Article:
For those of you who also live in Philadelphia, you may have noticed that the intersection at 20th and Market Streets is perhaps the windiest such junction on the entire eastern seaboard. By some Luciferian inversion of urban feng shui, the empty lot on the NE corner there forms a system with the nearby railway, which forms a system with the god awful bldg on the NW corner, which works with that ridiculous overhanging outdoor lobby of the Philadelphia Stock Exchange, all of which works with the quasi-maritime climate of southeastern Pennsylvania to form a kind of standing tornado in front of FedEx-Kinko’s.
You can literally see plastic bags whirling in a vortex 30-feet in diameter, just whirling and whirling and then your clothes fly sideways and your umbrella pops inside-out if it’s raining.
Then I was reading last night in the new “Special Edition” of *Scientific American* (“Our Ever Changing Earth”) that “Tectonic events, such as the development of the Himalayas, may have influenced world climate.” (This is roughly 800,000 years ago).
But think about that: there’s the entire planet, and then this one little region starts to lift up. At first it’s just little hills, like the Cotswolds, and maybe you can hear the wind moan on lonely nights and the local birds use the updrafts to experiment with territorial expansion.
But the hills get bigger, slowly, every year. The wind patterns begin to change. You don’t even notice it at first. But seeds scatter further in thunderstorms, and forests grow in expanding rings. Flowers find themselves colonizing little plains and valleys miles and miles away from where they originated. (This could lead to the field of biogeography: or, deducing the tectonic landscape of nearby regions by the success & expansion rates of local wildflowers. In fact, I’m reminded here of an article I read about two years ago in *The Guardian*, that an Australian man began to notice strange flowers growing in his garden; it turned out that a drought on the other side of the country had led to dirt, seeds, and bits of soil being blown all over Australia. The result: in this man’s garden, strange flowers did grow…).
But the mountains continue to grow. Storms themselves grow in intensity, affecting weather elsewhere, hundreds of miles away. Now entire continental wind systems have changed; there’s a rain-shadow over some of the deeper gorges, and a desert begins to form. This affects regional temperature variation. Cyclical weather from the coast changes its distant land routes, moving further north or bending round the mountains and interweaving with weather from elsewhere. An island two thousand miles away now experiences harsher rainy seasons, as two previously unrelated storm systems merge and move toward it every November. This leads to heavy forestation – which leads, in a million years, to coal beds, and wars, and Halliburton…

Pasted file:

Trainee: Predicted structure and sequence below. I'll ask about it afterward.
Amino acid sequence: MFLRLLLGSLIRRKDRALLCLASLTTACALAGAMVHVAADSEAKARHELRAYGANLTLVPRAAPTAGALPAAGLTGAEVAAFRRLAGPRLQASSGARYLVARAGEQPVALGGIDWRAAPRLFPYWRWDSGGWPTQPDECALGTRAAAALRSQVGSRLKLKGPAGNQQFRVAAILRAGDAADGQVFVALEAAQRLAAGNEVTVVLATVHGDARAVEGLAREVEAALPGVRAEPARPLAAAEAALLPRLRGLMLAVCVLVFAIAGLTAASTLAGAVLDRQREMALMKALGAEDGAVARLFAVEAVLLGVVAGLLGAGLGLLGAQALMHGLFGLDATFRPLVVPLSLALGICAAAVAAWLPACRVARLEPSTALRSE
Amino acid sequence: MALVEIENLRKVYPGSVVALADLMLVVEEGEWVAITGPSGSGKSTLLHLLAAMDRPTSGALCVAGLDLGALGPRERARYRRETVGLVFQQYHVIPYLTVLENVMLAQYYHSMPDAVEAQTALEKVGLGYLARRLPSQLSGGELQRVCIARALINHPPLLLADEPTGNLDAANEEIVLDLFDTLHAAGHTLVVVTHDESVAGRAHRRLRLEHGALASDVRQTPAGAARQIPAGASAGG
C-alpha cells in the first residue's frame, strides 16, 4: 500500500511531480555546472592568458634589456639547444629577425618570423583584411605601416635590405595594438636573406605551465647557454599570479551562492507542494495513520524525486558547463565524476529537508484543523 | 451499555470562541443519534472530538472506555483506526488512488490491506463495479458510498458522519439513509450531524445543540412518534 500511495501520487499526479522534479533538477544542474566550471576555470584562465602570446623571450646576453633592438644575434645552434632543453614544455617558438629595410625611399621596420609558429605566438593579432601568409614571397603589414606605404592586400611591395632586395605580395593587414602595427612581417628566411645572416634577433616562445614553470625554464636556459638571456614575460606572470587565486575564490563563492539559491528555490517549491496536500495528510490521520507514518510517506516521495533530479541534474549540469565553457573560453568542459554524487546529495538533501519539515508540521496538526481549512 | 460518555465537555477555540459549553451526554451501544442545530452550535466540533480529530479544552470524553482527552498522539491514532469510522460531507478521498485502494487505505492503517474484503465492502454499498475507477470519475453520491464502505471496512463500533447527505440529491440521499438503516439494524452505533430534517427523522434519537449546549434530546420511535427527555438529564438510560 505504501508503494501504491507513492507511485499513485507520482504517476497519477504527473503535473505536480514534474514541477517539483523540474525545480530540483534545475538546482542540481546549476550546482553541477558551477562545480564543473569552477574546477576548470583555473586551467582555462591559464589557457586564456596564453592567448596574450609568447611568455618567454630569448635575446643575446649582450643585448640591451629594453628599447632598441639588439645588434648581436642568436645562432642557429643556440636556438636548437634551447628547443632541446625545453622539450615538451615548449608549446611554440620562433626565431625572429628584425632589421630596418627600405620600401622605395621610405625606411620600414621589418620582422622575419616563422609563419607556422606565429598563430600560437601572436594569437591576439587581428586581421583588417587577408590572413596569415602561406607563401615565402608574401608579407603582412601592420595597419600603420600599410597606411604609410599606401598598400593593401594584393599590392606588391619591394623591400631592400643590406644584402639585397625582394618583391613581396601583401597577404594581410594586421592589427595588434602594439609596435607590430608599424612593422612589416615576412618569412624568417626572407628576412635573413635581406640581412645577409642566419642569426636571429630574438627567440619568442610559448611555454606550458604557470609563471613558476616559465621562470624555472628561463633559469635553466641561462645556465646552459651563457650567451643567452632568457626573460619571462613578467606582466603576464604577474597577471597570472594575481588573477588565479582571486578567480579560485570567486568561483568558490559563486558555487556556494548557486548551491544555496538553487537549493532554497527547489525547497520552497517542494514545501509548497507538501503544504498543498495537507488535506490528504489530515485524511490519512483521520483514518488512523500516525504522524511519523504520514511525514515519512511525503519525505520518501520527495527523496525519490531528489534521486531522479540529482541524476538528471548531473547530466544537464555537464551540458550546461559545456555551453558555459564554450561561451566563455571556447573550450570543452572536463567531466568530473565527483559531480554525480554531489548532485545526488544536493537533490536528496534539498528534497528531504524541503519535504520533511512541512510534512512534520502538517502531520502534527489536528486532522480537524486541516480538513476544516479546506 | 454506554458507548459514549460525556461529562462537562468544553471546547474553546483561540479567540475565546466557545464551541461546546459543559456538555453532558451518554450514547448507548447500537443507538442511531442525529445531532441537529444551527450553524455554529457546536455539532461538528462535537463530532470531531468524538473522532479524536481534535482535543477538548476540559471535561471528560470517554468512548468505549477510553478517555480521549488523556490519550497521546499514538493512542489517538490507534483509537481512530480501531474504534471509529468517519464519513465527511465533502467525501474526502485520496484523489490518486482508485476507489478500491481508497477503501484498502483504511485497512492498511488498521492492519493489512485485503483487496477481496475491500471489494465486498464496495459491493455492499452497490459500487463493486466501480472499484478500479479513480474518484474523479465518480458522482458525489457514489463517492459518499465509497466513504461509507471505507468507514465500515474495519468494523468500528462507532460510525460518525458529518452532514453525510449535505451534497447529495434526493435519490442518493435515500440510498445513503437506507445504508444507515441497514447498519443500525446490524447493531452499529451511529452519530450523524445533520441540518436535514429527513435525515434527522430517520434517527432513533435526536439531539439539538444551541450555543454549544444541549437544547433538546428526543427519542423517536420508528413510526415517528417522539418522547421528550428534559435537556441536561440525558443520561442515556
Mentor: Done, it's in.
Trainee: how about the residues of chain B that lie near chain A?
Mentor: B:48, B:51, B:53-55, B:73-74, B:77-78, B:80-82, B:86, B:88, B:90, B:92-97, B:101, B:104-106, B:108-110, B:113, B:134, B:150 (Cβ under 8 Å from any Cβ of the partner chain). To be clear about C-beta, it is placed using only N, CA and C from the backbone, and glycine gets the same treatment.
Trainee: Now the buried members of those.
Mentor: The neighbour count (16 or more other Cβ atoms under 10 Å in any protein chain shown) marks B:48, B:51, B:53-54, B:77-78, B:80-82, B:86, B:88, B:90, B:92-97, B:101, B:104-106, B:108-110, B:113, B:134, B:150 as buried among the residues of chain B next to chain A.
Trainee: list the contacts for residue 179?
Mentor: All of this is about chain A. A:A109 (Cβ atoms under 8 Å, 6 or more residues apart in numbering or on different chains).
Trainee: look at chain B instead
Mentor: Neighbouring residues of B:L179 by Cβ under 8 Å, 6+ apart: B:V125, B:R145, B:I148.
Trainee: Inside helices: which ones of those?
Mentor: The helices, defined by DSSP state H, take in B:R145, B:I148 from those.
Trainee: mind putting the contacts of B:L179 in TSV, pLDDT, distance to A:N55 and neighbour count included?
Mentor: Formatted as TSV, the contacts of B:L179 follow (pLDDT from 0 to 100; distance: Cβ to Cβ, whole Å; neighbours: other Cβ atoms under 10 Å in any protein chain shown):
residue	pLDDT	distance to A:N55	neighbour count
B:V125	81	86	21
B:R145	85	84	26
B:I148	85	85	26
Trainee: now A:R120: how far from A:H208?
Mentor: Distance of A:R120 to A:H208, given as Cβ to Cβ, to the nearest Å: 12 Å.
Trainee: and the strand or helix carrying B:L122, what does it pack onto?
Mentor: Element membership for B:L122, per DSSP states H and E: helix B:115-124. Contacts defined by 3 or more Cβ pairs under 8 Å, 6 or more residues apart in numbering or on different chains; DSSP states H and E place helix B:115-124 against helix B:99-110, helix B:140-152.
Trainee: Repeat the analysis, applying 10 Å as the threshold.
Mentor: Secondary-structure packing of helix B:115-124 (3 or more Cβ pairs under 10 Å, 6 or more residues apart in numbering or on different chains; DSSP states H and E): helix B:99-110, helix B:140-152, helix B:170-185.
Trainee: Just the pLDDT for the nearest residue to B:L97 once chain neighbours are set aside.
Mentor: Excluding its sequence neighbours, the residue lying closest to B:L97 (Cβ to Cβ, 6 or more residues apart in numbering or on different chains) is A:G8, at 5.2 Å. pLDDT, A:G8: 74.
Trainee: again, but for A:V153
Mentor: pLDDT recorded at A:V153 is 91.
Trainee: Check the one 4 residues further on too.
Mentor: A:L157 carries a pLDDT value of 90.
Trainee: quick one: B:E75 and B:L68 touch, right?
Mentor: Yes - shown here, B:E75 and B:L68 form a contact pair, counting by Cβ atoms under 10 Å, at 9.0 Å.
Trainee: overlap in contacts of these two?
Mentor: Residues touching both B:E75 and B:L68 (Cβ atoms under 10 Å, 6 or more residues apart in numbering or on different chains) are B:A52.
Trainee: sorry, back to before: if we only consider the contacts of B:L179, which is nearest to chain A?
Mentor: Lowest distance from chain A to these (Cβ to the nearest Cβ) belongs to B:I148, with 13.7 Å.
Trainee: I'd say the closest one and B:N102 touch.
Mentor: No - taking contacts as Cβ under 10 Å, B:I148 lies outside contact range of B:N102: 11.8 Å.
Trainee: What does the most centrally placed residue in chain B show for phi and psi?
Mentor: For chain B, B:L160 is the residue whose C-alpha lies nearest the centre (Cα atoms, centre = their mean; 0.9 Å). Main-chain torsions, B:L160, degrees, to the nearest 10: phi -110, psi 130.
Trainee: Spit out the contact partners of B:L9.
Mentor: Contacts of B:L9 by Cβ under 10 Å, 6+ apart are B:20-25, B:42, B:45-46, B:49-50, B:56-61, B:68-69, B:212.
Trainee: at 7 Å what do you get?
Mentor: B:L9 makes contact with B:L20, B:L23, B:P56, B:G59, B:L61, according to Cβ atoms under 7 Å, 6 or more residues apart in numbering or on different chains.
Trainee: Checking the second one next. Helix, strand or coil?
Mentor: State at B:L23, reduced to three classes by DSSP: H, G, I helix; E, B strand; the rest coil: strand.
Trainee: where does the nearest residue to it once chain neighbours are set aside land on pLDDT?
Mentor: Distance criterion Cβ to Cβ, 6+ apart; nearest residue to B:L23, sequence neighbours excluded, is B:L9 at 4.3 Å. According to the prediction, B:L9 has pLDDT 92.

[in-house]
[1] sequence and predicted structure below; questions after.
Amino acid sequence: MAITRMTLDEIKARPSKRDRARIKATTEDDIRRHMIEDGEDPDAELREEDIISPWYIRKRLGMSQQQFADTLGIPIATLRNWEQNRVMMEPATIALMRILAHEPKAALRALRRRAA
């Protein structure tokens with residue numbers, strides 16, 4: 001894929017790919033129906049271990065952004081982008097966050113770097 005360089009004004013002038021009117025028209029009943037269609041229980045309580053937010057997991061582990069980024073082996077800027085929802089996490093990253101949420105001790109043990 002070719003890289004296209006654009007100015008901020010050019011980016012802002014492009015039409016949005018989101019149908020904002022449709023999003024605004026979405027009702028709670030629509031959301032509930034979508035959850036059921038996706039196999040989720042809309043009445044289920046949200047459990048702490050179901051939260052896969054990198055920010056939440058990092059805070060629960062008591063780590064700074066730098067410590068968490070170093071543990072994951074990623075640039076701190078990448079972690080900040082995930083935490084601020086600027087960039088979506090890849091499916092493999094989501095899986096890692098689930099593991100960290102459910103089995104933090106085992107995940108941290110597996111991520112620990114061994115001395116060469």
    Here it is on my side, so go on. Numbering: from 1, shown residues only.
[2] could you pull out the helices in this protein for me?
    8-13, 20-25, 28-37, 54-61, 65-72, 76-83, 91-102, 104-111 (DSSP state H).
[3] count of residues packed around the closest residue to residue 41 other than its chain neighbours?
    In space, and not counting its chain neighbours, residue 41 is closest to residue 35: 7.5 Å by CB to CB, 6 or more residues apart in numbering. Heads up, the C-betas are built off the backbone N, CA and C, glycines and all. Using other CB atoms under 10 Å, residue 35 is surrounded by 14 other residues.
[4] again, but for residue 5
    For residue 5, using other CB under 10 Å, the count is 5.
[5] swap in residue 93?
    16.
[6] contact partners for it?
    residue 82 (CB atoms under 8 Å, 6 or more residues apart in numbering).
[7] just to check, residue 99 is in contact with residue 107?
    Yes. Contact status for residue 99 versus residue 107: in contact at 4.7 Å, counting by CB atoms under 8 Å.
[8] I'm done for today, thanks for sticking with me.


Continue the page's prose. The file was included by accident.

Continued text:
But the mountains keep growing. Entire planetary atmospheric networks have been altering, year after year. Now a continent on the other side of the earth finds large, sea-going, migratory birds landing on its shores every winter.
The point is that distant tectonic events produce microclimates, which in turn affect macroclimates, which in turn affect microclimates farther away.
Such as the intersection at 20th & Market, in Philadelphia. I suppose you could produce a wind-map of the Greater Philadelphia region, and here’s where we leave landscape and hit architecture: what buildings could be removed, starting fifty miles away, that would change the unmoving tornado of wind at 20th & Market? Moving closer – within ten miles – which walls or fences could be built just a foot higher – or lower – to augment the effect? Does a new housing development in Montgomery County make it easier or harder to walk across 20th & Market?
Moving closer, into the intersection itself, could you actually map-out the thermal vortices and architectural directions that shape the wind within the intersection, and then build special “wind mirrors,” or redirectional shields, controlled by a central computer, that, in certain positions, entirely negate, erase, eliminate, and deny the wind from forming in the first place?
You toggle the little wind mirrors until the wind disappears – and suddenly the intersection goes silent. The skirts of financial professionals flutter back to knee-height. Comb-overs stayed combed over. I stop grimacing.
Could you attach wind mirrors to every building in the city, producing an artificial microclimate specific to Philadelphia?
Could you do the same to New York City, and to Boston, and to Washington DC, and then arrange them all so that extremely high-powered, hurricane-like winds blow northeastward, destroying Halifax and grounding planes at London’s Heathrow?
The Wind Gun. Or: How to weaponize a landscape.
You could rig sailing contests. Neutralize rainstorms. Assist sunbathers perturbed by the hubris of a cloudy atmosphere.
Stay tuned for a similar idea, actually… Soon.